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Treatment and prevention of Bordetella pertussis infection in adolescents and adults
Authors Elizabeth McNeill Byrd, MD Christopher A Ohl, MD Section Editor Stephen B Calderwood, MD Deputy Editor Elinor L Baron, MD, DTMH

Last literature review version 18.2: 18, 2010 (More)

May 2010 | This topic last updated: JuneINTRODUCTION — Pertussis, or "whooping cough", is an acute, communicable infection of the respiratory tract caused by the gram-negative bacterium, Bordetella pertussis. Other species of Bordetella occasionally cause human illness: B. parapertussis causes a mild pertussis-like illness, and B. bronchosepticum, usually an animal pathogen, can cause respiratory infections, especially in immunocompromisedhumans [ 1]. While pertussis has generally been considered an infection of children associated with considerable morbidity and mortality, it is increasingly recognized in adults. The index of suspicion for pertussis must be high in order to make a prompt diagnosis. Early treatment may lessen the severity of the clinical course and prevent infections in contacts and in the community. However,recognition of pertussis in adolescents and adults can be difficult since symptoms are frequently atypical, especially in those who have been previously vaccinated. The treatment and prevention of pertussis will be reviewed here. The pathogenesis, epidemiology, clinical manifestations, and diagnosis of this infection are discussed separately. (See "Pathogenesis and epidemiology of Bordetella pertussisinfection" "Clinical features and diagnosis of Bordetella pertussis infection in adolescents and adults".)

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TREATMENT — Antimicrobial therapy for pertussis may ameliorate symptoms and can decrease transmission to susceptible contacts when administered early in the course [2-5]. Obtaining laboratory confirmation of pertussis may be difficult and take several days to weeks, depending on theavailable laboratory facilities and methods used. Consequently, antimicrobial therapy should be initiated when there is significant clinical suspicion that a patient's symptoms may be due to pertussis. Adolescents or adults can be managed as outpatients in almost all cases. (See "Clinical features and diagnosis of Bordetella pertussis infection in adolescents and adults", section on 'Laboratorydiagnosis' .)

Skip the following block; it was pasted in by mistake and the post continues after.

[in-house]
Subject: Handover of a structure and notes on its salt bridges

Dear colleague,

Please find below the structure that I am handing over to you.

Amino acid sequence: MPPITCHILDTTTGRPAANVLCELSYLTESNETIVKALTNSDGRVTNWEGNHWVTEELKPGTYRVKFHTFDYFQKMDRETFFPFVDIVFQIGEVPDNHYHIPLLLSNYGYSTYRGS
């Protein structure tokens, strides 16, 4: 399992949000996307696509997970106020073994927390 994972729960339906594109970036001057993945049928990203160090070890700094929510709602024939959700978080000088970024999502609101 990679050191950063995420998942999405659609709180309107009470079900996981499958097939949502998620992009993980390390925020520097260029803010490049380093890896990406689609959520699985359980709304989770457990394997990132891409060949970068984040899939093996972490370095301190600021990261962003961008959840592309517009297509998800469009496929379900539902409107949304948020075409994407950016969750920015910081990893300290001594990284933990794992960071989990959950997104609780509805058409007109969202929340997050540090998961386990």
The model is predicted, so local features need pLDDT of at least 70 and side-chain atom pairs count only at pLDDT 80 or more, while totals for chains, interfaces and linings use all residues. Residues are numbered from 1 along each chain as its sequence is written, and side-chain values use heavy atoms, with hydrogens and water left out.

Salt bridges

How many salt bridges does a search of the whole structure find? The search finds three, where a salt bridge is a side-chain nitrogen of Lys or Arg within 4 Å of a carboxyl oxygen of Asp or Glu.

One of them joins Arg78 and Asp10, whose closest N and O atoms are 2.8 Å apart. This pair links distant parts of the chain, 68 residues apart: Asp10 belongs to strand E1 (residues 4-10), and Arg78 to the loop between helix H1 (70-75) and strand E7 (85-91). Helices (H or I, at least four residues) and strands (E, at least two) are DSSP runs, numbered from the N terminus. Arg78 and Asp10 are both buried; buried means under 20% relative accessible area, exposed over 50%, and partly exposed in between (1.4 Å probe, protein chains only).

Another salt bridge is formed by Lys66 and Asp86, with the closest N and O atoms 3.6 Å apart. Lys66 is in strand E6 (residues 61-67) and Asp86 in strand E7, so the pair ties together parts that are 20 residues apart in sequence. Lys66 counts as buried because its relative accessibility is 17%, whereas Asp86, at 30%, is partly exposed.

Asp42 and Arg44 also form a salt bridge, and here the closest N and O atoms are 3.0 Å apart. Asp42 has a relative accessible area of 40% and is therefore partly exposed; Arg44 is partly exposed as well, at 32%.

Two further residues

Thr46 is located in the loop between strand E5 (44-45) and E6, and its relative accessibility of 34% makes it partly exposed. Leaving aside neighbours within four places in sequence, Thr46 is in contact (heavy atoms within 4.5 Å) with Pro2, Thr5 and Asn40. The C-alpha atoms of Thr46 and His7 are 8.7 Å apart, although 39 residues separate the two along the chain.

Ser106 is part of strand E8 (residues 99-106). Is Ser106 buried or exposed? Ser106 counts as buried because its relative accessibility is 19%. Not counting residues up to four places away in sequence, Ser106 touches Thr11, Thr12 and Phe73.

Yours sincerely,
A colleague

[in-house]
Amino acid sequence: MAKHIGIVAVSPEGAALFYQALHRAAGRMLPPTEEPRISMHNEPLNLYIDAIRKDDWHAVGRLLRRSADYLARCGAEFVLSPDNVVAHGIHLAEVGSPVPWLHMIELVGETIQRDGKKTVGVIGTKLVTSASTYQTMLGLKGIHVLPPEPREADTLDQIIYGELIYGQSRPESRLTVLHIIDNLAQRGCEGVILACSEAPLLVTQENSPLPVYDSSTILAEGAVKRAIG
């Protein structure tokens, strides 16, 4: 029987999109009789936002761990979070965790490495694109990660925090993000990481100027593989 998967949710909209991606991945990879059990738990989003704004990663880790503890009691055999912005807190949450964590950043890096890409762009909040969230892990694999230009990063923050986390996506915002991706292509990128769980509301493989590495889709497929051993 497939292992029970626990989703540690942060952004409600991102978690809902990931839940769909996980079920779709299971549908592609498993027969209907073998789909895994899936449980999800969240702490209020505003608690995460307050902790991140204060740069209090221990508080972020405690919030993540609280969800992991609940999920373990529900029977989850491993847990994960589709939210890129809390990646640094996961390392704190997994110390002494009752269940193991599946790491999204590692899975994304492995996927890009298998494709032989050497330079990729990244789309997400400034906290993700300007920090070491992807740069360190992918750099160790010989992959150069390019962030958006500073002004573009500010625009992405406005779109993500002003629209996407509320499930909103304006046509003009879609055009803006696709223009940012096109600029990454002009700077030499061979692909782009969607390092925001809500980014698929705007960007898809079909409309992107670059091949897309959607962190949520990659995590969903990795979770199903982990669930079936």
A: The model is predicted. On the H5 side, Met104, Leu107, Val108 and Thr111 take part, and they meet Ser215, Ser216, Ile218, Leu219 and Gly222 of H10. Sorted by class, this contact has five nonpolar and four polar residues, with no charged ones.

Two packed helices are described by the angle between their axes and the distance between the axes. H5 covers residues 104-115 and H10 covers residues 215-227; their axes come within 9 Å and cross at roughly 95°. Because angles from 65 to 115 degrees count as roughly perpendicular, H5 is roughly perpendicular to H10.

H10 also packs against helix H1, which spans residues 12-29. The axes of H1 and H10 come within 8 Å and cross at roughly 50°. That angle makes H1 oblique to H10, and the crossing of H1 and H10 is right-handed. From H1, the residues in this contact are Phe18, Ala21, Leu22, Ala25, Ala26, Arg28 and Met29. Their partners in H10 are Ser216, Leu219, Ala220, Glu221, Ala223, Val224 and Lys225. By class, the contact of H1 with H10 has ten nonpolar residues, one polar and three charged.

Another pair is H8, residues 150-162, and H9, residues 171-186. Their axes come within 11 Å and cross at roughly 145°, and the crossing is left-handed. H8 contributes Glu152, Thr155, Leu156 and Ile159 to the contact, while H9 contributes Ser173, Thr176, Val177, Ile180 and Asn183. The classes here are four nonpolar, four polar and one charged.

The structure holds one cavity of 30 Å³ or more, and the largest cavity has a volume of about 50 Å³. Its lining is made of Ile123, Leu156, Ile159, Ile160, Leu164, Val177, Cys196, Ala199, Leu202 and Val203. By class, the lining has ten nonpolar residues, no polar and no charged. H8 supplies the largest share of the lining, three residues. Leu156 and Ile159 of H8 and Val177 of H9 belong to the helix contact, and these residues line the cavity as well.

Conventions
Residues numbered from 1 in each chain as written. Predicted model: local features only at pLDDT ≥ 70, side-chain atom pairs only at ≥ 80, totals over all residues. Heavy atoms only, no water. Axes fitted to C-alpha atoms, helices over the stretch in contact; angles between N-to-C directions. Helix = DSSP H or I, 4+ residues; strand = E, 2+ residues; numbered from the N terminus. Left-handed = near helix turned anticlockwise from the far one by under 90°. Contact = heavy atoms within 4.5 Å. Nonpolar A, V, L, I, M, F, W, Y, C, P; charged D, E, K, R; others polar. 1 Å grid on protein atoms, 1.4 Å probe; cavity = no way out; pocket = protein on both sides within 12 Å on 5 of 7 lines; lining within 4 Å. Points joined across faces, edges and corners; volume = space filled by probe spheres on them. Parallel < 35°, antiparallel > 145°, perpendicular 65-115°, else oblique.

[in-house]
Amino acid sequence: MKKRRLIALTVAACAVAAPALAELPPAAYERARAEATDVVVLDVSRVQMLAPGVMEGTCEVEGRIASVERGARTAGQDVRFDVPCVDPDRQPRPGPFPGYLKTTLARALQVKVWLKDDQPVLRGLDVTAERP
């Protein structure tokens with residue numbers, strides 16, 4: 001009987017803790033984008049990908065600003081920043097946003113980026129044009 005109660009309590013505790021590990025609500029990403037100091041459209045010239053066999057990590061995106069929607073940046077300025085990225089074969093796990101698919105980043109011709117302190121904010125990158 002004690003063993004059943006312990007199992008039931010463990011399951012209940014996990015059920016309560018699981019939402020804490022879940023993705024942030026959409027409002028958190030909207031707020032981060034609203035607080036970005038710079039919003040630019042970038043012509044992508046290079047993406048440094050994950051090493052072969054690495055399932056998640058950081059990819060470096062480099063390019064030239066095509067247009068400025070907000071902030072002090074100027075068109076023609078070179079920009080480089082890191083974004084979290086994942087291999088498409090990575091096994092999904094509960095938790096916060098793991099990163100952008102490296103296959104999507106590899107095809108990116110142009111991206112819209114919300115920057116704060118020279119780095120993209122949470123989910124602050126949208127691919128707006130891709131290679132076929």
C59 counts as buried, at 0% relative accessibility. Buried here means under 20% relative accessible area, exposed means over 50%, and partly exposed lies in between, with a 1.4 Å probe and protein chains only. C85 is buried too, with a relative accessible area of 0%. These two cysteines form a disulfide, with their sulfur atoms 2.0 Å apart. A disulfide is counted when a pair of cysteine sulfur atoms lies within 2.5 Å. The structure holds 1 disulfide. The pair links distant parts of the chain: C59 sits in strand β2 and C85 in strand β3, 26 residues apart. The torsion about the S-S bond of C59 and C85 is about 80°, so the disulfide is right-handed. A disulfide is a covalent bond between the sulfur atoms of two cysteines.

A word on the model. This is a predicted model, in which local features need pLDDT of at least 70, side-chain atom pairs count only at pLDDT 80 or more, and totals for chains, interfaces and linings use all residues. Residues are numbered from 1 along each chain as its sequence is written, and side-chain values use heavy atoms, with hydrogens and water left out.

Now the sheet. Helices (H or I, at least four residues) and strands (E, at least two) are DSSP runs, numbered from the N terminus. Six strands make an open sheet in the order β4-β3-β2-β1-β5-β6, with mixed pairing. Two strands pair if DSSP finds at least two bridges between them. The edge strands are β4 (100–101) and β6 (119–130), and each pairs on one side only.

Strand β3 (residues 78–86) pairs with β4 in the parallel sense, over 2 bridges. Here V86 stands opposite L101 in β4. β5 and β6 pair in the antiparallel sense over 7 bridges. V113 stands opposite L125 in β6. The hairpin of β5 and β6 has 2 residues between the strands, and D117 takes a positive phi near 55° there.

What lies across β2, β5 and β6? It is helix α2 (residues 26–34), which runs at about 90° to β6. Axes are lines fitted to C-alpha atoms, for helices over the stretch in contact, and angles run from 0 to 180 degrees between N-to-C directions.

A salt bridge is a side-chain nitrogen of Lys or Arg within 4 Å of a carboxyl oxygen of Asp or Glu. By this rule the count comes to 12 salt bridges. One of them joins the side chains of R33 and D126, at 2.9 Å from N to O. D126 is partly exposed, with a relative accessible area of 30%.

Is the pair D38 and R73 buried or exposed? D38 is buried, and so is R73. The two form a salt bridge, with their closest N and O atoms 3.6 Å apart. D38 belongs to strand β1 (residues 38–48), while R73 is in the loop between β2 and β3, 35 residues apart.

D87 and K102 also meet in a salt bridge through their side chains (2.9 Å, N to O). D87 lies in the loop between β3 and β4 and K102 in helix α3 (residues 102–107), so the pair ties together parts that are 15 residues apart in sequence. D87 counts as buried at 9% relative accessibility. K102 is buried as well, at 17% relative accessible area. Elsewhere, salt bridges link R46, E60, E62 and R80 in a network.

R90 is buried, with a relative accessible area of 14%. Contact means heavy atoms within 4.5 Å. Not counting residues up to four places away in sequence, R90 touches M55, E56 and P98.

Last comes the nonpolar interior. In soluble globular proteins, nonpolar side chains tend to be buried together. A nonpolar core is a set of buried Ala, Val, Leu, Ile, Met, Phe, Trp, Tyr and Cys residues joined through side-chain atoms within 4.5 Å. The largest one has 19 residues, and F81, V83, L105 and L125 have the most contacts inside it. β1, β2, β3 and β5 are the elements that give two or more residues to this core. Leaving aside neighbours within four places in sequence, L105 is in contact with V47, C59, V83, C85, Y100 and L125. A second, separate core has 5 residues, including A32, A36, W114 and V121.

Antibiotics should be used for patients with ≤3 to 4 weeks of symptoms [ 6]. The utility of antimicrobial therapy is less clear for individuals with cough persisting >4 weeks, though should be considered. A comprehensive review of antimicrobial agents for the treatment of pertussis is available from the Centers for Disease Control and Prevention [ 2]. Adjuvant therapy withpertussis immune globulin is currently under investigation [ 2,7]. It has been suggested as a means to reduce the severity and mortality of pertussis, particularly in infants and young children. Its use is not recommended currently, pending the results of a controlled trial. Rationale — Antimicrobial treatment is recommended for all recently infected individuals, regardless of their age [ 2,8,9]. • Earlytreatment (eg, during the first seven to fourteen days of symptoms) may decrease the severity of symptoms [ 2,4,10-12]. Whether treatment initiated later, during the paroxysmal stage, will alter the clinical course of whooping cough is uncertain; two studies evaluating erythromycin treatment yielded conflicting results [13,14]. Unfortunately, most patients do not come to medical attention untilthe paroxysmal phase. (See "Clinical features and diagnosis of Bordetella pertussis infection in adolescents and adults", section on 'Clinical features' .) • Patients are most contagious during the catarrhal stage and during the first two weeks after onset of coughing. Treatment of the index case in this time frame limits the spread of infection to household contacts in both children and adults [...
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